A Depleted Hill Slows to a Crawl
Ken Hill endured a marathon of sorts May 20, throwing 148 pitches in a victory over the Oakland Athletics, but the Angel right-hander could barely finish the baseball equivalent of a 100-yard dash Saturday night.
Still reeling from that Oakland game, Hill was rocked for five runs in two turbulent innings of an 8-1 loss to the Minnesota Twins before 16,827 in the Metrodome.
The bomb assessment damage from Hill’s last two starts: 10 runs on 14 hits in seven innings, and losses to the Kansas City Royals and Twins that dropped him to 7-4 with a 4.85 earned-run average.
“I felt good that night [against Oakland], but I might be feeling the effects of that game now,” said Hill, who gave up seven hits, walked two and struck out none Saturday night. “I feel OK physically, but I don’t have anything extra on my ball.”
Hill, who threw only 47 pitches, experienced a similar “dead-arm period” with the Texas Rangers in 1996, when his ERA swelled to the 9.00 range that June, “and that’s what it feels like now,” he said.
“My command is not good, I’m all over the place, I’m up in the zone. When I was going good I was hitting my spots and locating my pitches. I’m in a funk right now. My next start is against Seattle [on Thursday night], so I’ve got to work through this.”
Hill ran into immediate trouble Saturday when he walked speedy leadoff batter Otis Nixon in the first. Third baseman Dave Hollins made a diving catch of Todd Walker’s liner, but Nixon stole second, and Paul Molitor reached on an infield single.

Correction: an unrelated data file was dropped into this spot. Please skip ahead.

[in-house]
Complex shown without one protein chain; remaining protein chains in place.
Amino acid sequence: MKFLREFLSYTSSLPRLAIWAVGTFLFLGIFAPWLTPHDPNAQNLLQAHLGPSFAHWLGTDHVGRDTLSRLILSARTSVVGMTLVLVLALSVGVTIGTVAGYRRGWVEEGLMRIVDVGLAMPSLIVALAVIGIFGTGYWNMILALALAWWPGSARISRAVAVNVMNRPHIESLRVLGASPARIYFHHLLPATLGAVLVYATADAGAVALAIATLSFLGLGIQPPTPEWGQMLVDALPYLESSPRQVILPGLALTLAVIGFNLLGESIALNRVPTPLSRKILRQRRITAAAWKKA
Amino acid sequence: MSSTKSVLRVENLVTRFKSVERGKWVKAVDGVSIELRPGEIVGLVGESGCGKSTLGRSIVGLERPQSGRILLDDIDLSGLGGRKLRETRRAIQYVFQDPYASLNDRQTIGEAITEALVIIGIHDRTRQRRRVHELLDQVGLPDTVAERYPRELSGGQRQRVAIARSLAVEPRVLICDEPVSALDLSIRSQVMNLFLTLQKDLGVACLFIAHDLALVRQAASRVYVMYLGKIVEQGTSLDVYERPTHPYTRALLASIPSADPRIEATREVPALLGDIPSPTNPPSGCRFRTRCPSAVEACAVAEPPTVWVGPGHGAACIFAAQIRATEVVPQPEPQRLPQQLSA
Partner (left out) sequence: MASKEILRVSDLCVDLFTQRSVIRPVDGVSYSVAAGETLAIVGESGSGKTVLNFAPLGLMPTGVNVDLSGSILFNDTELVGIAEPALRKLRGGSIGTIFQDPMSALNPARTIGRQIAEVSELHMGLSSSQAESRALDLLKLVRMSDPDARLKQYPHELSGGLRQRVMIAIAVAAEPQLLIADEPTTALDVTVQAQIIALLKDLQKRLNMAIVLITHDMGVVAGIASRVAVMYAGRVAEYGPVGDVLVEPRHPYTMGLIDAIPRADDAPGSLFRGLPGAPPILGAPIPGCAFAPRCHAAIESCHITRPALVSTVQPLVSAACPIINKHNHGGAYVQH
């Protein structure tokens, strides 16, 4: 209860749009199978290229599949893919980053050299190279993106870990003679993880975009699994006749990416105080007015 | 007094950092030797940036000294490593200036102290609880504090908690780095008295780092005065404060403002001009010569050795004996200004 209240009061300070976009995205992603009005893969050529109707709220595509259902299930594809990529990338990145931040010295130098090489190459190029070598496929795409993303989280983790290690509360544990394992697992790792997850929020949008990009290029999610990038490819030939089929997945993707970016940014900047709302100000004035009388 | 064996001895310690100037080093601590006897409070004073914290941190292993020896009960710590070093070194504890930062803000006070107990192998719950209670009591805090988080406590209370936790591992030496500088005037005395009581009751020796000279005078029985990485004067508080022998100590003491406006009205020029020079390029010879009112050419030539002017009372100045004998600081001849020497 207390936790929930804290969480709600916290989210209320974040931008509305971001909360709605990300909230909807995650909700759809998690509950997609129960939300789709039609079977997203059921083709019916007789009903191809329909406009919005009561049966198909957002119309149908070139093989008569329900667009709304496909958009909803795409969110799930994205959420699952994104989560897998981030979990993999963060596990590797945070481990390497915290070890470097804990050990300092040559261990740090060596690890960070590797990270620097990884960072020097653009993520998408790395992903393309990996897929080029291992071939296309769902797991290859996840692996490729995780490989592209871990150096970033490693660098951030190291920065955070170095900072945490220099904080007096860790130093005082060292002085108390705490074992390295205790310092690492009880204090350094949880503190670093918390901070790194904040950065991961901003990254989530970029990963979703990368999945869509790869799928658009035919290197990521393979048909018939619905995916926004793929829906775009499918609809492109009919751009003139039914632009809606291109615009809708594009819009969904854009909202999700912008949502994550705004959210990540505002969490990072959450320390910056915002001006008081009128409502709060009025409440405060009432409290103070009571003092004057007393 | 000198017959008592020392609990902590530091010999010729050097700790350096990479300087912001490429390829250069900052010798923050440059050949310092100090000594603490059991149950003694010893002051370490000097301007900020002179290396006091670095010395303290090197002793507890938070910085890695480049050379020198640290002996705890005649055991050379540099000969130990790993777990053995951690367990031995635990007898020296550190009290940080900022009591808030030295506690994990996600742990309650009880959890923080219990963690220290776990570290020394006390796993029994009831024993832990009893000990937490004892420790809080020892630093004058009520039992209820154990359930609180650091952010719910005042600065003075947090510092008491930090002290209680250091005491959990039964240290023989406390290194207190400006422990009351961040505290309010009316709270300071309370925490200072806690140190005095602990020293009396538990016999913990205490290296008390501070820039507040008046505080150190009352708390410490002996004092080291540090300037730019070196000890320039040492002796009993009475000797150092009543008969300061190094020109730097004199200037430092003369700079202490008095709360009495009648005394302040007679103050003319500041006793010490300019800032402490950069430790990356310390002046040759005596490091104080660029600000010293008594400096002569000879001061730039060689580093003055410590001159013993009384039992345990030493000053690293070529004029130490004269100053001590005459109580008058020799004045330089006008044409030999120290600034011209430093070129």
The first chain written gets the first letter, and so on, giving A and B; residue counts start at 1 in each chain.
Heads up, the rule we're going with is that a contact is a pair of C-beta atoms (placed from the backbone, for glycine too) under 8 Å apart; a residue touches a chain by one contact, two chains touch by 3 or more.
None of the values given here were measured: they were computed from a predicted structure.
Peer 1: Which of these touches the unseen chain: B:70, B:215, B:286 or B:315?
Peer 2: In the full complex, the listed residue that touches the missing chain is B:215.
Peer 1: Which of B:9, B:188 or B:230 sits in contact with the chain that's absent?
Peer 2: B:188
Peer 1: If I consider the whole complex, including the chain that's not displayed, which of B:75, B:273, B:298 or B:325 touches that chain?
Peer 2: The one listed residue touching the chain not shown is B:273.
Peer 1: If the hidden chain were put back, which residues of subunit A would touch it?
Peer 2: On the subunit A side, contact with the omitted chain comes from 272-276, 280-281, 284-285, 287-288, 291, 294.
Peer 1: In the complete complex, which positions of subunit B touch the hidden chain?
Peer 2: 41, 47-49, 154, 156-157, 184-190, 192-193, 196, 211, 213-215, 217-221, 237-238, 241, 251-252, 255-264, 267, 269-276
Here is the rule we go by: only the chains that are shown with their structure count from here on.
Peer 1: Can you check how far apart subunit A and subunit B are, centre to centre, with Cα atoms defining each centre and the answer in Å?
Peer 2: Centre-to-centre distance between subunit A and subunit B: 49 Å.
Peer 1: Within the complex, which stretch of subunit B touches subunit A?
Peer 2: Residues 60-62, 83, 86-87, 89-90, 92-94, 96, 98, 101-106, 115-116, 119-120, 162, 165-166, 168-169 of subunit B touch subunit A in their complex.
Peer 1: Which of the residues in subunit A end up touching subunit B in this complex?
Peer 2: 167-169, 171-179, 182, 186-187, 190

Orlando Merced doubled to left to knock in two runs and Ron Coomer singled sharply to center for a third run. Hill walked Denny Hocking to open the second, and Nixon and Walker followed with singles.
Hocking was thrown out at the plate by center fielder Jim Edmonds while trying to score on Walker’s hit, but the Twins scored on Molitor’s RBI groundout and Merced’s RBI single to take a 5-0 lead.
Coomer launched a rocket to center that Edmonds caught at the wall to end the inning, and that brought an end to Hill’s evening, not to mention all the good feelings the Angels accrued when they ended a four-game losing streak by beating the Twins on Friday night.
“That’s just part of the game,” Manager Terry Collins said. “You’re not going to run out there 35 times with good stuff. That may have been the worst stuff Ken has had all year. He had no breaking ball and no command of his fastball.”
Angel right-hander Rich DeLucia relieved Hill and had his best outing in more than a month, giving up a homer to Terry Steinbach in the third but only one hit over the next three innings.
But the Angels couldn’t muster much of an attack off right-hander Brad Radke, who gave up one run on six hits in seven innings to improve to 7-3.
Garret Anderson homered in the fourth, but the only other Angel threat--when Edmonds singled and Tim Salmon walked to open the sixth--ended when Cecil Fielder hit into a double play and Anderson flied out.
Fielder, who shook off an early-season slump to raise his average to .258 on May 13, has only nine hits in his last 56 at-bats, his average falling to .229. Salmon, hobbled with a foot injury, is batting .211 (12 for 57) since returning from the disabled list May 9.
“We’re not getting much from the middle of the order--it’s no secret Tim and Cecil are not swinging the bat well,” Collins said. “We need them.”
The Angels also need reliever Mike Holtz to snap out of his slump, but the left-hander’s struggles continued Saturday. Holtz relieved DeLucia in the seventh and gave up two runs on three hits in two-thirds of an inning. He has given up at least a run in each of his last five outings.